No, I Am Not Going To Tell You Who To Vote For.
Over the past month or so, I have found myself in the midst of many a political chat. Whether it be over dinner with friends, at work, or even on dates. In the lead up to the federal election this Saturday, the conversation generated by my peers about who they are voting for has been one that I often, accidentally, enter with a very opinionated point of view. People also often ask me who I am voting for, and sometimes even for a run down on the major parties, because they know I studied politics at university and show a keen interest in the matter. However, I have come to learn, that no one can tell someone how to vote. Despite this, I do believe that the candidate you vote for, who represents a party or set of political ideals and policies, is and should be a direct reflection of your beliefs and values as an individual.
I strongly believe that every vote counts - often the candidate you have numbered sixth on your ballot will dictate who exactly your vote ends up supporting on election night. This year, Australia has seen the highest enrolment of young voters ever, at 97% of eligible voters under 30 signing up to participate in democracy! A big pat on the back to us. Our generation has the power to really make a difference in this election, especially in inner-city seats. However, despite the high level of enrolment, the vast number of conversations I have had with friends has highlighted that a majority of people still don't know exactly how voting works (in terms of preference deals and the preferential voting system), and furthermore, aren't 100% convinced that they are voting for candidates that actually support their views.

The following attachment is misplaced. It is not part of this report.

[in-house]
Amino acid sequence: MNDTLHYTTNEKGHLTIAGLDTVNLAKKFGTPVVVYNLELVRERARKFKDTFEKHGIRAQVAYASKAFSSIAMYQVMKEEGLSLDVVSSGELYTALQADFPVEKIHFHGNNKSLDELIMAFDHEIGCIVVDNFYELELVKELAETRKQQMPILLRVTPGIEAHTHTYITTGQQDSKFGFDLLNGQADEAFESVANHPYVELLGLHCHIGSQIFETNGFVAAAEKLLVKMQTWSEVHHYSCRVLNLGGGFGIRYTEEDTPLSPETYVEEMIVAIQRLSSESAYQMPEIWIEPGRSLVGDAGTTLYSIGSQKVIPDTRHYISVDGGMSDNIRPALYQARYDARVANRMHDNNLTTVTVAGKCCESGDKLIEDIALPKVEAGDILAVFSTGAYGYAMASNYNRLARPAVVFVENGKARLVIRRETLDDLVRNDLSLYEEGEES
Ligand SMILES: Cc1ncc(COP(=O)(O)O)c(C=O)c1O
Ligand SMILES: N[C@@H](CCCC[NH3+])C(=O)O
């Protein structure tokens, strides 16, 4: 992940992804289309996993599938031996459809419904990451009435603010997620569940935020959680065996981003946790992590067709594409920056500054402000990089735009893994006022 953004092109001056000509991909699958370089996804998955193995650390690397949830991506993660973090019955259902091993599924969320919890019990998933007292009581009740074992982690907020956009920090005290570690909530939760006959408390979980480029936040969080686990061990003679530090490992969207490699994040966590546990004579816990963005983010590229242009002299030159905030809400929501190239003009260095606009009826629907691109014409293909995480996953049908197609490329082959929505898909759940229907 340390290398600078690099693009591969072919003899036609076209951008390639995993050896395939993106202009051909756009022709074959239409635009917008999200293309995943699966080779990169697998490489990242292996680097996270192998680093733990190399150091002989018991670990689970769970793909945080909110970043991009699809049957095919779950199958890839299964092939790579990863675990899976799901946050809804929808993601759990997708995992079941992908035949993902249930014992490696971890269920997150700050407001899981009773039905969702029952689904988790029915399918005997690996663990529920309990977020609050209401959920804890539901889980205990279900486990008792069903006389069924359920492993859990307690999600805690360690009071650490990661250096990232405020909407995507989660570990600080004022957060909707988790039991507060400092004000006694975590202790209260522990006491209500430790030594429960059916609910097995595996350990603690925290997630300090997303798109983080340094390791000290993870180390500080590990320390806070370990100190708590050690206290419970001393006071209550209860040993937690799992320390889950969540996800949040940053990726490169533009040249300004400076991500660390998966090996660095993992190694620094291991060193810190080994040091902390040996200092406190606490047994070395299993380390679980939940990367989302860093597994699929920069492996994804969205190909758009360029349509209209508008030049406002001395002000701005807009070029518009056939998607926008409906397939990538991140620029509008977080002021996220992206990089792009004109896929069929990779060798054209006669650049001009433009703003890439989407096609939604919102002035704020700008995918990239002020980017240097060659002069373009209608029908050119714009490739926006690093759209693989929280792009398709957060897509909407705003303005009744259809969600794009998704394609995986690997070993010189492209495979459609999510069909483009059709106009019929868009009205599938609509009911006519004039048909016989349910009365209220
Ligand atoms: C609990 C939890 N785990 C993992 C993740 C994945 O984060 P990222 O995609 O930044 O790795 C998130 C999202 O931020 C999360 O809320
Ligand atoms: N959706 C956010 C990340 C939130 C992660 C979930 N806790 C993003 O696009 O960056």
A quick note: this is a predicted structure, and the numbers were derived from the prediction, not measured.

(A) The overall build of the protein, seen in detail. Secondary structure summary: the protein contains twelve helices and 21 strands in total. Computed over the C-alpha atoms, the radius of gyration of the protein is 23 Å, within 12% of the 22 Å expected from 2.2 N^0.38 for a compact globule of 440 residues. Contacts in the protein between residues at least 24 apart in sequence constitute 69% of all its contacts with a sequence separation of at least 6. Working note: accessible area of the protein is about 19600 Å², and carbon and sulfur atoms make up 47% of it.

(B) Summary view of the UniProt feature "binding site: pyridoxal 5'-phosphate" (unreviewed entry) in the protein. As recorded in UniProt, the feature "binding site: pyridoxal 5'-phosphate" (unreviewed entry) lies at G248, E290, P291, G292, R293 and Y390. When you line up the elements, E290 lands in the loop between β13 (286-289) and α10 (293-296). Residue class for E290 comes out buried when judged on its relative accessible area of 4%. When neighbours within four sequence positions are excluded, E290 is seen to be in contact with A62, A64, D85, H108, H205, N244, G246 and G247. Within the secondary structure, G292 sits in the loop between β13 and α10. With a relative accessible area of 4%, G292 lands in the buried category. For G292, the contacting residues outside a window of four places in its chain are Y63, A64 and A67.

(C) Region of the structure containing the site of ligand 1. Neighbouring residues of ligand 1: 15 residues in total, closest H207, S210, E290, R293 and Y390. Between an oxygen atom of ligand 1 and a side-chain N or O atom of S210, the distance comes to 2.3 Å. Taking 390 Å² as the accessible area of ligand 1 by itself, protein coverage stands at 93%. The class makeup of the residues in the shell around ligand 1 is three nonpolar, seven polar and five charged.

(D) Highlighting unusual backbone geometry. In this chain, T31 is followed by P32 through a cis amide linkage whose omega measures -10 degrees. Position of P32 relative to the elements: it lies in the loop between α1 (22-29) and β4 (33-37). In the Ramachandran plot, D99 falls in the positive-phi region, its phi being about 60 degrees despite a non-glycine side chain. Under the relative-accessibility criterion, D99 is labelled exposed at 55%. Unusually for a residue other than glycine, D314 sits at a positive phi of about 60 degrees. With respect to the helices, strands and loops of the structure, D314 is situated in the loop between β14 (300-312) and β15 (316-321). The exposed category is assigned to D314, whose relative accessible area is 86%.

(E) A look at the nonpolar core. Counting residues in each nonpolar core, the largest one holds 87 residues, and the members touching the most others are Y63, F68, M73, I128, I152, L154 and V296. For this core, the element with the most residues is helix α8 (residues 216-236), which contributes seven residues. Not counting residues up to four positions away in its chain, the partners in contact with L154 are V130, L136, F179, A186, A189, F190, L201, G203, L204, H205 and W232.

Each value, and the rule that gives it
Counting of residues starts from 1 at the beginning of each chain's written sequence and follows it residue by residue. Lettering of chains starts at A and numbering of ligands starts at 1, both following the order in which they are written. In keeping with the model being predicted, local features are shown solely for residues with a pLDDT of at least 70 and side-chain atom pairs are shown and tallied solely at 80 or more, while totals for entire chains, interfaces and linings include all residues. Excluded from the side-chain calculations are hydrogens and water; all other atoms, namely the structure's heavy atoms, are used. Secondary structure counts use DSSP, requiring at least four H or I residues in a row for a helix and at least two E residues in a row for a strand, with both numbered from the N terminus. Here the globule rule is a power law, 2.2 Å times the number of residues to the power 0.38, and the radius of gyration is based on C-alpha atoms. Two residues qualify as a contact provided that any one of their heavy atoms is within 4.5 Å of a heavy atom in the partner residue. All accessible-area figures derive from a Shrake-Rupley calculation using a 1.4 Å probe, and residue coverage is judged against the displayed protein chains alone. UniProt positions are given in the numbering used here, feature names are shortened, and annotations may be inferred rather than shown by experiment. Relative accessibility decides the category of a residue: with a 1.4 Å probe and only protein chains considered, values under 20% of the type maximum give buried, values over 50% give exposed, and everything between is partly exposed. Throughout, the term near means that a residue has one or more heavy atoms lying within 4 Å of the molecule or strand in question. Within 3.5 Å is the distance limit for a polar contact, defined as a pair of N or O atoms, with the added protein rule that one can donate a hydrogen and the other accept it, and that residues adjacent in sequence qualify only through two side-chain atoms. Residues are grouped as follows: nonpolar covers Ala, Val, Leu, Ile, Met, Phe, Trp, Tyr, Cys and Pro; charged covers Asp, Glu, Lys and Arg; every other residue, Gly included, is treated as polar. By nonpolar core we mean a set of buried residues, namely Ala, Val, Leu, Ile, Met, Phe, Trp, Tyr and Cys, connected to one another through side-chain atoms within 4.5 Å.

My advice is this: instead of voting for whoever your parents vote for, or who you believe you 'should' vote for, or even voting for the leader you hate the least (they will likely change anyway with our current track record) vote for the candidate in your seat that is running for the party that best reflects and represents your views. How do you find out who that is you ask? There are a number of different online quizzes that take no more than five to ten minutes, such as this one by the ABC that will generate your very own political ideological chart. Trust me, you might be surprised by the results.
And if you are thinking 'I really don't care' about any of this at all? You clearly do a little because you read this entire post. Let's get voting people.
Full-Time Work, Turning 21, And Getting Caught Up In The Rat Race.